Commissioner of Patents and Trademarks
Patent and Trademark Office (P.T.O.)
RE: TRADEMARK APPLICATIONS OF CIRCUIT CITY STORES WEST COAST, INC.
96-292; 96-293; 96-294; 96-295; 96-296
October 4, 1996
*1 Petitions Filed: September 20, 1996
Serial No. 75-078562
Filing Date: March 26, 1996
For: THE CARMAX ADVANTAGE
Serial No. 75-078653
Filing Date: March 26, 1996
For: COME TO CARMAX AND DRIVE HOME A BARGAIN
Serial No. 75-078808
For: MISCELLANEOUS DESIGN
Serial No. 75-078816
Filing Date: March 26, 1996
For: THE NEW WAY TO BUY CARS
Serial No. 75-083917
Filing Date: April 4, 1996
Attorney for Petitioner:
Jeffrey M. Semuels, Esq.
4122 Leonard Drive
Fairfax, Virginia 22030
Philip G. Hampton, II
Assistant Commissioner for Trademarks
Circuit City Stores West Coast, Inc. has petitioned the Commissioner to permit filing of an Amendment to Allege Use after approval of the mark for publication, but prior to actual publication. Trademark Rules 2.146(a)(3), 2.146(a)(5), and 2.148 provide authority for the requested review.
The above-identified applications were filed under Section 1(b) of the Trademark Act, based upon the Applicant's bona fide intention to use the marks in commerce. All of the subject applications have been approved for publication in the Official Gaxette.
Applicant is a wholly-owned subsidiary of Circuit City Stores, Inc. For business reasons, Applicant wishes to transfer ownership of the subject applications to another of Circuit City Stores, Inc.'s subsidiaries.
On potition, Applicant seeks to: (1) waive application of 37 C.F.R. § 2.76(a); (2) remove the above-identified applications from publication status; and (3) restore jurisdiction to the respective Examining Attorneys, so that an Amendment to Allege Use may be filed for each application.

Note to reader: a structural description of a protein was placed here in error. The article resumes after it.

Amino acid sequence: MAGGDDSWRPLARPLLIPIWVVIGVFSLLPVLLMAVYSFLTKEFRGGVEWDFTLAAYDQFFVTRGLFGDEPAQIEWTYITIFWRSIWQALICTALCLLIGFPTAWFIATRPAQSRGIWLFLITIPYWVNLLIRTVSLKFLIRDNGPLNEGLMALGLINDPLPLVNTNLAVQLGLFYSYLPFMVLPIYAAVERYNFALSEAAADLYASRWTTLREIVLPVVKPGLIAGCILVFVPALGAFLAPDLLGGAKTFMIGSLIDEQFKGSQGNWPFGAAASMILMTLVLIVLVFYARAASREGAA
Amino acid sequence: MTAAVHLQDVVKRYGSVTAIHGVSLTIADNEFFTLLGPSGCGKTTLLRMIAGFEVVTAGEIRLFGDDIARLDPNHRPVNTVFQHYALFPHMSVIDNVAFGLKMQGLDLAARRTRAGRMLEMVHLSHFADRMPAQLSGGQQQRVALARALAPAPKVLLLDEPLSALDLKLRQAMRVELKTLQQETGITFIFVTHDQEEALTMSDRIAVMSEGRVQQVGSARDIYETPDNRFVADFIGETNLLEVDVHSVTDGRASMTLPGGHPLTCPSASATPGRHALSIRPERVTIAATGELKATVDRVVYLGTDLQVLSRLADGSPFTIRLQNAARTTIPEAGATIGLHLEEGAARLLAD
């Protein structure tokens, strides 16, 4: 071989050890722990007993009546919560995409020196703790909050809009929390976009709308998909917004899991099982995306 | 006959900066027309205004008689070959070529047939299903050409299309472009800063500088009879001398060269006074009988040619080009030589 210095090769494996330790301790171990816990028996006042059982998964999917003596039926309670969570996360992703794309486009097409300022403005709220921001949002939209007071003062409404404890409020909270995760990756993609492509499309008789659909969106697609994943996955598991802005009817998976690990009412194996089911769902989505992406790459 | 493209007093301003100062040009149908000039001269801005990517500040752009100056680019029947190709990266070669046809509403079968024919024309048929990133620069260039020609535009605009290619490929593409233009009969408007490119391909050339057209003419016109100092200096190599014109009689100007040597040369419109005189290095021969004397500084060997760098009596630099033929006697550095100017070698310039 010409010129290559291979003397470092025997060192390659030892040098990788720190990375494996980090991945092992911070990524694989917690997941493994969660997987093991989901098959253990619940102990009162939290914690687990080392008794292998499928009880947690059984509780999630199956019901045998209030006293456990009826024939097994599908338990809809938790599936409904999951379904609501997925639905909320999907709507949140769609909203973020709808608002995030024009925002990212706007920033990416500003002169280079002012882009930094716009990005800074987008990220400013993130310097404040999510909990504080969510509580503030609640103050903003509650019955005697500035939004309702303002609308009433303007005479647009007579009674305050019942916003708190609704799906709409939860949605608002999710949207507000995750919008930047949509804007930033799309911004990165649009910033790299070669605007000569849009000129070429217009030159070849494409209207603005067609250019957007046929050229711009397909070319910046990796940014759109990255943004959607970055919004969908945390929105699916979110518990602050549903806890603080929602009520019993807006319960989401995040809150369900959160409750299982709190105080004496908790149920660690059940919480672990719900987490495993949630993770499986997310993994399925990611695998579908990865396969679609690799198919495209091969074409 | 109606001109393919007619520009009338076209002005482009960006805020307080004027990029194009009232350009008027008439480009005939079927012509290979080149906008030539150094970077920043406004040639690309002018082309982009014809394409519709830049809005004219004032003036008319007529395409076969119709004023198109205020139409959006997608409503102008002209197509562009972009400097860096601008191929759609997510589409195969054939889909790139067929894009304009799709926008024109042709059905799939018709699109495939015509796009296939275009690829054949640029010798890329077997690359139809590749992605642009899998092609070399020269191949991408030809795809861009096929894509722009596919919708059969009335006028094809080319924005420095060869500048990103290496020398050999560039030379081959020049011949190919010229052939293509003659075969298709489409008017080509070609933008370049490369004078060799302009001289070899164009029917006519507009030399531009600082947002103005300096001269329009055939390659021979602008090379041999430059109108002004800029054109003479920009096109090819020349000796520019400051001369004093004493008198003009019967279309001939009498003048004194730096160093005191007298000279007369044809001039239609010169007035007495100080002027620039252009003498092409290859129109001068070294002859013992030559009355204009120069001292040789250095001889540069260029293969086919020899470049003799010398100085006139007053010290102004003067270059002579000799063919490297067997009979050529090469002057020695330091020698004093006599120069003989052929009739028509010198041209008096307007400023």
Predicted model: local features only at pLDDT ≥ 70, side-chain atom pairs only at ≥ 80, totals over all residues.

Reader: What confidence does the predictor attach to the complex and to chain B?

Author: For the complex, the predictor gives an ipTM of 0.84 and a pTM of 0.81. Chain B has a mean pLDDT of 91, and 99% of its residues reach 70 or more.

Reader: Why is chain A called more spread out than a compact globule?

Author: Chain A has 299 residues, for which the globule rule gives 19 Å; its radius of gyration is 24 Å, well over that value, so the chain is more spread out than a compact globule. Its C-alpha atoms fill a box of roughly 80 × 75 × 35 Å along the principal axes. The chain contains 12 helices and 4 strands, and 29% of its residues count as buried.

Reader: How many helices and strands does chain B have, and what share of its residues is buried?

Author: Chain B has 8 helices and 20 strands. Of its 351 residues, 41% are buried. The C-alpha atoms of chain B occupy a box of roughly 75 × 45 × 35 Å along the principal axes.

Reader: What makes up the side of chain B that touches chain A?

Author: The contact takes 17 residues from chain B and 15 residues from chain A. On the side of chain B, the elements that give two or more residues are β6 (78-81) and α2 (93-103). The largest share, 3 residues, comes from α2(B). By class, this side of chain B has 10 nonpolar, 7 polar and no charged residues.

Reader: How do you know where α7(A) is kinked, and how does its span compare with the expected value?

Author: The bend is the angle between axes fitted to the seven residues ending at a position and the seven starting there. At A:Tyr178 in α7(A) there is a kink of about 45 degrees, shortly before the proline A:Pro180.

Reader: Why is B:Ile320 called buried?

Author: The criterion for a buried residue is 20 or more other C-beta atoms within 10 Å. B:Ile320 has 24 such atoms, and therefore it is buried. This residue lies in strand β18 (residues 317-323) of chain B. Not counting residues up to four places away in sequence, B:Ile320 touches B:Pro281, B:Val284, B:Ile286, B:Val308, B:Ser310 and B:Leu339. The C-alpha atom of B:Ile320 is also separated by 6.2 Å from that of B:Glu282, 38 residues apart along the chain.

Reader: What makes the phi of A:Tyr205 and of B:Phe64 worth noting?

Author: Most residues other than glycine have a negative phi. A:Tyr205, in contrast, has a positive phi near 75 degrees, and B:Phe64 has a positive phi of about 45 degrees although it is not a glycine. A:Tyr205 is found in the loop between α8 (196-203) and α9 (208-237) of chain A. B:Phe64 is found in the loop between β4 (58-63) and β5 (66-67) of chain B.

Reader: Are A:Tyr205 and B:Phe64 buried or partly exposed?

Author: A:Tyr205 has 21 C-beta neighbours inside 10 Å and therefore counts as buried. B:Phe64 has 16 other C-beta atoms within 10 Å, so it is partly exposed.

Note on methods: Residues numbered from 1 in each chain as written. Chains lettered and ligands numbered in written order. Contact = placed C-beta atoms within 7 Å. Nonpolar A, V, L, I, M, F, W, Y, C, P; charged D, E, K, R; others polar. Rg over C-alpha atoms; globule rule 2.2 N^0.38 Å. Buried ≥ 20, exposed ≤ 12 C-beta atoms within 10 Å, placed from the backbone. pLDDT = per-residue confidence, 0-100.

Trademark Rules 2.146(a)(5) and 2.148 permit the Commissioner to waive any provision of the Rules which is not a provision of the statute, where: (1) an extraordinary situation exists; (2) justice requires; and (3) no other party is injured thereby. All three conditions must be satisfied before a waiver is granted.
Trademark Rule 2.76(a), 37 C.F.R. § 2.76(a), prohibits the filing of an Amendment to Allege Use after an application has been approved for publication. There is no similar statutory prohibition in the Trademark Act.
Petitioner requests relief from Rule 2.76(a) because the value of its marks is likely to increase significantly in connection with an advertising campaign scheduled for November, 1996. Since the potential tax consequence of increased value of the proposed marks is significant, Petitioner has arranged for valuation of all the above-identified marks as of September 1, 1996. It is therefore important that the marks be transferred as close to the valuation date of September 1, 1996 as possible. [FN1]
*2 Since the provisions of Rule 2.76(a) are not a requirement of the statute, in appropriate circumstances, the Commissioner has the authority to waive their application. The Patent and Trademark Office has now had several years' experience with intent-to-use applications, and with the filing of amendments to allege use, and has had the opportunity to observe the effect of Trademark Rule 2.76(a). The Office has found that the strict time limit set by the rule has, in some instances, created more administrative difficulties than those it was designed to avoid. [In recognition of this fact, the Office has already suspended application of Trademark Rule 2.76(a) with respect to the time limit within which an Amendment to Allege Use may be filed after an Examining Attorney's final refusal to register. [FN2] See 1156 TMOG 12, November 2, 1993.] Therefore, as long as an application can be removed from the publication cycle, on petition it is appropriate to grant relief from Trademark Rule 2.76(a) when the application has been approved for publication but has not yet been published. For cases which cannot be withdrawn from the publication cycle priorto actual publication of the mark in the Official Gazette, the application must either be republished or the Applicant must file a Statement of Use after issuance of the Notice of Allowance. [FN3]